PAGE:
The coming preference cascade for Romney
Glenn Harlan Reynolds:
The documentaryHating Breitbart, about the late blogger and media gadfly Andrew Breitbart, opened this past weekend to packed houses. The theme of the film -- and of Breitbart's life -- is how conventional "mainstream" media deliberately distort the news to benefit the policies and politicians they favor.
That's no secret in the Obama era, of course, as the press's efforts to boost, and then protect, the presidency of Barack Obama have become ever more obvious. But it's still worth pointing out. It's a problem for America, and it's a problem for people on the right. But it's probably a bigger problem for people with whom the media agree. That's because they wind up living in a bubble, protected from contrary views, which means that they are perpetually caught by surprise when reality asserts itself.
We may be about to see this happen again. Though we've been told over and over again by the press that President Obama, and his policies, are overwhelmingly popular with the American public, and that challenger Mitt Romney is an unlikable loser, this may turn out not to be the case.
In recent years, we've often seen that the truth on the ground doesn't match the images presented in the press. Despite representations that it was a narrow fringe group composed of "bitter clingers," the Tea Party movement handed the House of Representatives to the Republicans in 2010. And despite claims that it was washed up, the Tea Party movement has remained a force in 2012.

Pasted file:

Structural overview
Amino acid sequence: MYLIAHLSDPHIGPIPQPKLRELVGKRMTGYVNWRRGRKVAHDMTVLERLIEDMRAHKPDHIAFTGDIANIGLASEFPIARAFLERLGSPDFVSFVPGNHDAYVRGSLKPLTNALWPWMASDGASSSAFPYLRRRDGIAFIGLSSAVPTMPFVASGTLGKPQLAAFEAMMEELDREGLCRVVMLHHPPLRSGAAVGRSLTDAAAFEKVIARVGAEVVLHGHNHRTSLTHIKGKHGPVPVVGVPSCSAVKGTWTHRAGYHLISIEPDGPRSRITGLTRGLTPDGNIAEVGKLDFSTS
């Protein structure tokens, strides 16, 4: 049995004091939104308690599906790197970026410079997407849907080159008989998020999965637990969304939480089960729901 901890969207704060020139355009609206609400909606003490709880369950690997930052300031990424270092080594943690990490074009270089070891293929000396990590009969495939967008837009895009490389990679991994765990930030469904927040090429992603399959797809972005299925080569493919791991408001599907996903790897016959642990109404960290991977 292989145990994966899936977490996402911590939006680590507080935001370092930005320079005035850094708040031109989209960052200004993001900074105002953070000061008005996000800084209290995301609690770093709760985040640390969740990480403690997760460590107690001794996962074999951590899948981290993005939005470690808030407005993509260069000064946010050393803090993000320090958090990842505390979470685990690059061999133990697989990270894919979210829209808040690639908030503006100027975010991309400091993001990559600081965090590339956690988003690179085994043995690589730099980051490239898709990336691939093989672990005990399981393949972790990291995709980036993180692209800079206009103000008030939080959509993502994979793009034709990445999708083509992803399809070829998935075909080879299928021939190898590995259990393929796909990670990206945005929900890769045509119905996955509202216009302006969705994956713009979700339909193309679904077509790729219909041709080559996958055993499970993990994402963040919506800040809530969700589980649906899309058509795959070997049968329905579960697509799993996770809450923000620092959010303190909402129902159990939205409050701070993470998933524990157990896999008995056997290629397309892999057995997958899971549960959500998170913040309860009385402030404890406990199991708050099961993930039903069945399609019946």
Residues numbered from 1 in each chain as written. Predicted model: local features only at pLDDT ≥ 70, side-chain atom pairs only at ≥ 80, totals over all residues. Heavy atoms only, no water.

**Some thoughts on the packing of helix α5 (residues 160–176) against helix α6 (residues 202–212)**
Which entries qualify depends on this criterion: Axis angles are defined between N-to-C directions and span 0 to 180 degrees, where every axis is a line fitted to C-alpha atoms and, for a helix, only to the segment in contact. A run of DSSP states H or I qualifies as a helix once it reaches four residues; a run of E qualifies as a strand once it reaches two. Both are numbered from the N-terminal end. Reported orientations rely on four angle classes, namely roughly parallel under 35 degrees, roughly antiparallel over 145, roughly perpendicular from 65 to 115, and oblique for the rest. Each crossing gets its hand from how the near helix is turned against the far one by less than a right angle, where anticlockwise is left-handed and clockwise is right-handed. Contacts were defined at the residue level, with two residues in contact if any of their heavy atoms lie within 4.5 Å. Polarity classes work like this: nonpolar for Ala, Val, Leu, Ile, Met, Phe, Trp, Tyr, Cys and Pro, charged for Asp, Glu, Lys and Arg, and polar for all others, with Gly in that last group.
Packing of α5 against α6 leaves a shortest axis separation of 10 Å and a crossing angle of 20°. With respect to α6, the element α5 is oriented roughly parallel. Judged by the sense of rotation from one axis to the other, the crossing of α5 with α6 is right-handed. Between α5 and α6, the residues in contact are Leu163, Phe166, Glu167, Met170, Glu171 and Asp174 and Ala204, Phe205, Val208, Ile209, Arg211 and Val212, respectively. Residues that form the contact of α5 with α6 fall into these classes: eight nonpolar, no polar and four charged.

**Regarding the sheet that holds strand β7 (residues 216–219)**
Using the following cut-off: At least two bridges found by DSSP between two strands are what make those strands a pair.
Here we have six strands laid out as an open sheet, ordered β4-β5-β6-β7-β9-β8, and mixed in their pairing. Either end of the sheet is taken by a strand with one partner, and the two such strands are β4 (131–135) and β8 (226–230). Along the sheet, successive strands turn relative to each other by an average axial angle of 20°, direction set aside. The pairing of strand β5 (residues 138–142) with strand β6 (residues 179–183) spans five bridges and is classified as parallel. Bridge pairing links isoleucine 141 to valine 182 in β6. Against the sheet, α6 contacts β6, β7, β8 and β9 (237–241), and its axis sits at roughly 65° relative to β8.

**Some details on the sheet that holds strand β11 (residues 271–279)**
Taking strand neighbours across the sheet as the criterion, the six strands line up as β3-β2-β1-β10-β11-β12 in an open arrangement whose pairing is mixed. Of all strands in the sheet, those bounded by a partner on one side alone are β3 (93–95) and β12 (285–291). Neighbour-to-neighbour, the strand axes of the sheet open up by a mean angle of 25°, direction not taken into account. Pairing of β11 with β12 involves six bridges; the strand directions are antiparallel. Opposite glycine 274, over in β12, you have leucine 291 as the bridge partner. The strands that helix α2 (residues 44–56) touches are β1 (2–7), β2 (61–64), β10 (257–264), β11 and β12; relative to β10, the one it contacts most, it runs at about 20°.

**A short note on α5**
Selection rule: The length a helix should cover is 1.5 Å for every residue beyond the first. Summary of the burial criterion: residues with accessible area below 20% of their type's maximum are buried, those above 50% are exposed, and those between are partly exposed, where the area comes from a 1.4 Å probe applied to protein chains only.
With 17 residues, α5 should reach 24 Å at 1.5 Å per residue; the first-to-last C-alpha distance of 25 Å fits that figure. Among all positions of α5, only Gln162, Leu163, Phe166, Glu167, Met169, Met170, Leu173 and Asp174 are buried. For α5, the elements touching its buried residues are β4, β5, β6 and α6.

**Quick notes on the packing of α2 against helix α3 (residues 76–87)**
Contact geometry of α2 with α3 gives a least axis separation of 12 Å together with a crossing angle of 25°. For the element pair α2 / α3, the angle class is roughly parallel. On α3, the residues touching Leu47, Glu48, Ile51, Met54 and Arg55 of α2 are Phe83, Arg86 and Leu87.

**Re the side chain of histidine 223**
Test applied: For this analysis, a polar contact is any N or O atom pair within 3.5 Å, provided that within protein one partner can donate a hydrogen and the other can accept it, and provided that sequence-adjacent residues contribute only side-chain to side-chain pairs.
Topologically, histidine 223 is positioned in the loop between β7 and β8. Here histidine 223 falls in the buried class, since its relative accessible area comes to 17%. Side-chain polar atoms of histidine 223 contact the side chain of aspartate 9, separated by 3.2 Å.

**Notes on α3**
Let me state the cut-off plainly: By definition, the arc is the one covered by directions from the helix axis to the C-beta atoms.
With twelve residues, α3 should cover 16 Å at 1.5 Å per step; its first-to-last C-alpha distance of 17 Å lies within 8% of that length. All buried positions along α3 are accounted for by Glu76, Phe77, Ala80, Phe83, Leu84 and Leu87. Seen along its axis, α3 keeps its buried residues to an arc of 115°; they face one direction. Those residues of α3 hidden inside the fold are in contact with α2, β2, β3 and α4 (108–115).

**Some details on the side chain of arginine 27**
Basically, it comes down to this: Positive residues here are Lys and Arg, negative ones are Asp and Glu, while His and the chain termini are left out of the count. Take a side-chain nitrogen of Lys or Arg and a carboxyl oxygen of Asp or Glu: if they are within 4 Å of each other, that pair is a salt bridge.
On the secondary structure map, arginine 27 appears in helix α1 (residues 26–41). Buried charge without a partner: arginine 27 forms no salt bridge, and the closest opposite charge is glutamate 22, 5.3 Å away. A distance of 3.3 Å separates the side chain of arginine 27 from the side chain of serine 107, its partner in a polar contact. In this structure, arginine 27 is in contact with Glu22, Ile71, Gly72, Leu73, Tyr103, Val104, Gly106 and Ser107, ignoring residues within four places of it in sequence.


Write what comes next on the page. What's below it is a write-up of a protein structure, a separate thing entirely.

Now, despite being told by the press -- and quite a few Republican pundits -- that Mitt Romney didn't have a chance, since his performance in the presidential debates things seem to be turning around. Reports of early voting and absentee ballots suggest that Republican voters are a lot more energized than we'd been led to believe. The polls are looking good for Romney, and he's picking up all sorts of endorsements all of a sudden.
This has caused some Republican enthusiasts to suggest that what we're seeing is a "preference cascade," and they may be right.
What's a "preference cascade?" In his book, Private Truths, Public Lies, economist Timur Kuran looked at the way "preference falsification" can distort societies, and then collapse suddenly.
...What I find interesting is how briefly the media recognized the shift in opinion after the 2010 election. Almost immediately they began pushing stories about the demise of the Tea Party, despite their success in several key elections including the Ted Cruz win in Texas. The GOP enthusiasm advantage is largely attributable to the Tea Party effect. Many voters like me can't wait to vote.